FRANKFORT — Wendell Ford, who served four terms in the U.S. Senate after being governor of Kentucky, on Sunday will be the 21st person in Kentucky's history to lie in state in Kentucky's Capitol.
The honor usually is bestowed by the sitting governor, said David Buchta, director and state curator of the Kentucky Division of Historic Properties.
People so honored include pioneer Daniel Boone, Kentucky Fried Chicken originator Harland Sanders and several governors.
A public memorial service for Ford, who died Thursday morning at age 90 in his home in Owensboro, will be held in the Capitol Rotunda at 3 p.m. Sunday.
He will lie in state from 11 a.m. to 3 p.m. and after the service until 6 p.m. His funeral will be at 11 a.m. Tuesday at First Baptist Church in Owensboro.
Tributes have poured in for Ford from dignitaries including President Obama, Vice President Joe Biden, Kentucky's congressional delegation, state officials and even his neighbors in Owensboro.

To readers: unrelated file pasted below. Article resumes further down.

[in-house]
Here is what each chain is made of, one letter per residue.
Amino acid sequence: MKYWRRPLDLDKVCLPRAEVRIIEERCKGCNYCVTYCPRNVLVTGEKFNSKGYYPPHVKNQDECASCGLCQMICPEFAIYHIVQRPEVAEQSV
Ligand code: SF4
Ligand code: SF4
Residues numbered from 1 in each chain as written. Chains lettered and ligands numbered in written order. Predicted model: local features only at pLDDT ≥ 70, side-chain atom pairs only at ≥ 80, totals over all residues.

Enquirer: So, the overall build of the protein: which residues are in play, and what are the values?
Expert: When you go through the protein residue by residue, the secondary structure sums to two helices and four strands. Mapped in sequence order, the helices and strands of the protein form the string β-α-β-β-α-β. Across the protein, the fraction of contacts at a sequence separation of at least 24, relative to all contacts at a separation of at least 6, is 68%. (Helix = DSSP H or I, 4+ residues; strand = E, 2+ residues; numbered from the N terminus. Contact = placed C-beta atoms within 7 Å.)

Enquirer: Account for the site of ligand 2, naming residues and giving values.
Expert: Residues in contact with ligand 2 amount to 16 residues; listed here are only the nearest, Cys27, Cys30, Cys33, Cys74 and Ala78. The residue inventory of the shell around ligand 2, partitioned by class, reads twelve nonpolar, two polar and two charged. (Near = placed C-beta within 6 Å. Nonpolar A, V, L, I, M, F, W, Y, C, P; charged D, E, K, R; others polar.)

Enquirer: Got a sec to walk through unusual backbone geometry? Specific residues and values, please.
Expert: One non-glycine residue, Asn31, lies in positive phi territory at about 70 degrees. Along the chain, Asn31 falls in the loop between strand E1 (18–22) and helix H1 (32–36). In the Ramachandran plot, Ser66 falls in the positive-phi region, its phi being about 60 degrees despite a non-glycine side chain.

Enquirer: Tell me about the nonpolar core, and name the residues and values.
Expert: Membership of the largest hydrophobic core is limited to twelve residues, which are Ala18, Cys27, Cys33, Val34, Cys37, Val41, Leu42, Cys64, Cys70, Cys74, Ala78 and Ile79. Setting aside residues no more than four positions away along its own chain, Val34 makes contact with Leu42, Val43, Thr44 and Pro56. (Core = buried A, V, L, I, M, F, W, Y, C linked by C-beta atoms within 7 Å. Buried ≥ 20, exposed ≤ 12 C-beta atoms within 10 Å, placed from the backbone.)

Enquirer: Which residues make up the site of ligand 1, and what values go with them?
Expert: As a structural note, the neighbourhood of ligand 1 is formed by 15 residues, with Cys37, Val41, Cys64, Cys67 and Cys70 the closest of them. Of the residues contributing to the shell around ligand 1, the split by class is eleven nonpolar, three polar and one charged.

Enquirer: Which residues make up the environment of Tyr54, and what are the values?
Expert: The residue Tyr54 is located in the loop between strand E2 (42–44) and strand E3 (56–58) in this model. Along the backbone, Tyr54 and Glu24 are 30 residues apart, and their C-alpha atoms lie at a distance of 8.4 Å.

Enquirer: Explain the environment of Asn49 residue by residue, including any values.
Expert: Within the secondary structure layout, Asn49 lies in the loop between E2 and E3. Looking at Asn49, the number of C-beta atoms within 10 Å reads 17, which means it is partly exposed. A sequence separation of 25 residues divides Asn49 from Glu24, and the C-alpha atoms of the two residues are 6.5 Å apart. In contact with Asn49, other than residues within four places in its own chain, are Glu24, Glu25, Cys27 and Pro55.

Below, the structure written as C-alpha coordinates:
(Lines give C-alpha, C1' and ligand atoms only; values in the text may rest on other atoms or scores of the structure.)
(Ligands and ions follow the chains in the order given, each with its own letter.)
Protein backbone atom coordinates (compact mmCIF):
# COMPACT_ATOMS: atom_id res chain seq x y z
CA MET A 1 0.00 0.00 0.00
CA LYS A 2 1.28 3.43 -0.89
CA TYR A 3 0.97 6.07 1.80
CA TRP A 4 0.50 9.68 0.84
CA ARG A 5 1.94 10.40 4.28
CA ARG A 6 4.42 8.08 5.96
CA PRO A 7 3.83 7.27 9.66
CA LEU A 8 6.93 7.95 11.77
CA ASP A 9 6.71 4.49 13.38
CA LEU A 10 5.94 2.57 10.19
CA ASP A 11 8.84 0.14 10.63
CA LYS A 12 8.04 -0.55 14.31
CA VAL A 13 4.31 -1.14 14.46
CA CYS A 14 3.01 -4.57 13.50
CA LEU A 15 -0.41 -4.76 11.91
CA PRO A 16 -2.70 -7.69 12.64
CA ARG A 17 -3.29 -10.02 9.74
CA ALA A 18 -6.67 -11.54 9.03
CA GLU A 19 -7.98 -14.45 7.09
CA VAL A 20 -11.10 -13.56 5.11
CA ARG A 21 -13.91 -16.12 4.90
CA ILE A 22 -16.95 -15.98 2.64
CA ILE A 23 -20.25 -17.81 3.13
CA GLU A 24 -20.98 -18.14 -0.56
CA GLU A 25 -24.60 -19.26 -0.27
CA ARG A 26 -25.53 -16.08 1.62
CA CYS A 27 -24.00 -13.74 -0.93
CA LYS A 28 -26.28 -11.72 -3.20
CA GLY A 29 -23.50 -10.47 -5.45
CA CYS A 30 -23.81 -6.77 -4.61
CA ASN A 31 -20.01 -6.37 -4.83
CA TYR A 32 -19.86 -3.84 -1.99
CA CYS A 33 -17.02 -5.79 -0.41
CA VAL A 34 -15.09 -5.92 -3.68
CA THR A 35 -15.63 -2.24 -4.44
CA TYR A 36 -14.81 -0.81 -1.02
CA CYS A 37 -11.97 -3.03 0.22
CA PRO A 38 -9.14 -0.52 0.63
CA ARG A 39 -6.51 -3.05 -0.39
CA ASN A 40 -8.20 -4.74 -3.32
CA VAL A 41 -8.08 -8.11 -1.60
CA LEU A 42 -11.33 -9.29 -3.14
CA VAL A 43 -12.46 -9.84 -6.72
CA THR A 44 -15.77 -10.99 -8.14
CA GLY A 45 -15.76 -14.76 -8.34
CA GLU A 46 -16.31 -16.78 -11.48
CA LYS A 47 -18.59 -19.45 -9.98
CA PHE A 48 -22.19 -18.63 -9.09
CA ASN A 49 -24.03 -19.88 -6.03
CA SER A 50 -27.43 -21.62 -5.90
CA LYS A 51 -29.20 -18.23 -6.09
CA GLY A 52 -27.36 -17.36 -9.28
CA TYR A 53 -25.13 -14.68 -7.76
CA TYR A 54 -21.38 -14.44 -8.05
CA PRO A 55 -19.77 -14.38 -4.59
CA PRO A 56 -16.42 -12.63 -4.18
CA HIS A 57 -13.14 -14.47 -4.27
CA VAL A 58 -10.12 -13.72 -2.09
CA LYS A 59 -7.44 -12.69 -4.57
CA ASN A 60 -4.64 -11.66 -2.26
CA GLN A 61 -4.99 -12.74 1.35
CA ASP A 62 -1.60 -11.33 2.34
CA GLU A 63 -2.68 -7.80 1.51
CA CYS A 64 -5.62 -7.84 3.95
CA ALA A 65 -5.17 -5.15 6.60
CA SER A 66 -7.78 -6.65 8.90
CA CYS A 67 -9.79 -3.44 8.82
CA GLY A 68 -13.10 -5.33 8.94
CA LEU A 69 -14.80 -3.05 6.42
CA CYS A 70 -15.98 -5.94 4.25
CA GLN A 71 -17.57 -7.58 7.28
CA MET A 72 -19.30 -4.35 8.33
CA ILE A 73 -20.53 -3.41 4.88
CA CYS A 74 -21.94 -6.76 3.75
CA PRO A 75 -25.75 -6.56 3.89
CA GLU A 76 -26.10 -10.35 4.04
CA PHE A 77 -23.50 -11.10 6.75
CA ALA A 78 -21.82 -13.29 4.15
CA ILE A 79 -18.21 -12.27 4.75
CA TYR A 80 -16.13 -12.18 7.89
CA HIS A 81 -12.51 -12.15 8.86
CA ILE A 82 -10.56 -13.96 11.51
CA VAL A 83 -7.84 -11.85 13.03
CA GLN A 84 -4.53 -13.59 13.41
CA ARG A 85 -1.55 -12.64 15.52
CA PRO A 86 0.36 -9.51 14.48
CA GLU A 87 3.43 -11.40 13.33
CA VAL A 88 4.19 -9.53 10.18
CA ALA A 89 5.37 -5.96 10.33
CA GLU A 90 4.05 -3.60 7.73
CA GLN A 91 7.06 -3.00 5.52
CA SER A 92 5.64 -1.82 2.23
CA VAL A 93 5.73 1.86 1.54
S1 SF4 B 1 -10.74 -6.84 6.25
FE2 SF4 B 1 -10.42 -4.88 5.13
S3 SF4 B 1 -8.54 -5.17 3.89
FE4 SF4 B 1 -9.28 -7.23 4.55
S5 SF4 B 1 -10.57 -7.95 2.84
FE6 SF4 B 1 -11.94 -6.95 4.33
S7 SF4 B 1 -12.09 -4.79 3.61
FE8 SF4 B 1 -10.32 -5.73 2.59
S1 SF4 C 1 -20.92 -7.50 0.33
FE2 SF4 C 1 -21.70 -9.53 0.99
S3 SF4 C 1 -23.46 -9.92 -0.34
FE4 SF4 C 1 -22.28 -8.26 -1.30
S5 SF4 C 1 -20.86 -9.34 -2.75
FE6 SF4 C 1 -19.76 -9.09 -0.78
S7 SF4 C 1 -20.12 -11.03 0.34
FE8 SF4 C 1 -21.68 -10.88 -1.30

On Friday morning, U.S. Senate Majority Leader Mitch McConnell, R-Louisville, and U.S. Sen. Rand Paul, R-Bowling Green, introduced a resolution in the U.S. Senate honoring Ford.
Gov. Steve Beshear said Thursday that Ford was worthy of the honor to be memorialized in the Capitol Rotunda.
Regarding the list of those who have lain in state, questions still surround the final resting place for Daniel Boone and his wife, Rebecca.
Kentucky claims their bodies were disinterred and now lie in the Frankfort Cemetery. Missouri claims the couple is there. He died in 1820, and she died in 1813.
Buchta said the state historic properties division counts them as lying in state in Kentucky because of various reports but notes there was no photography at the time to provide documentation.
The current Capitol with its Rotunda has been in place since 1910. The old Capitol is in downtown Frankfort. It was constructed from 1827 to 1830.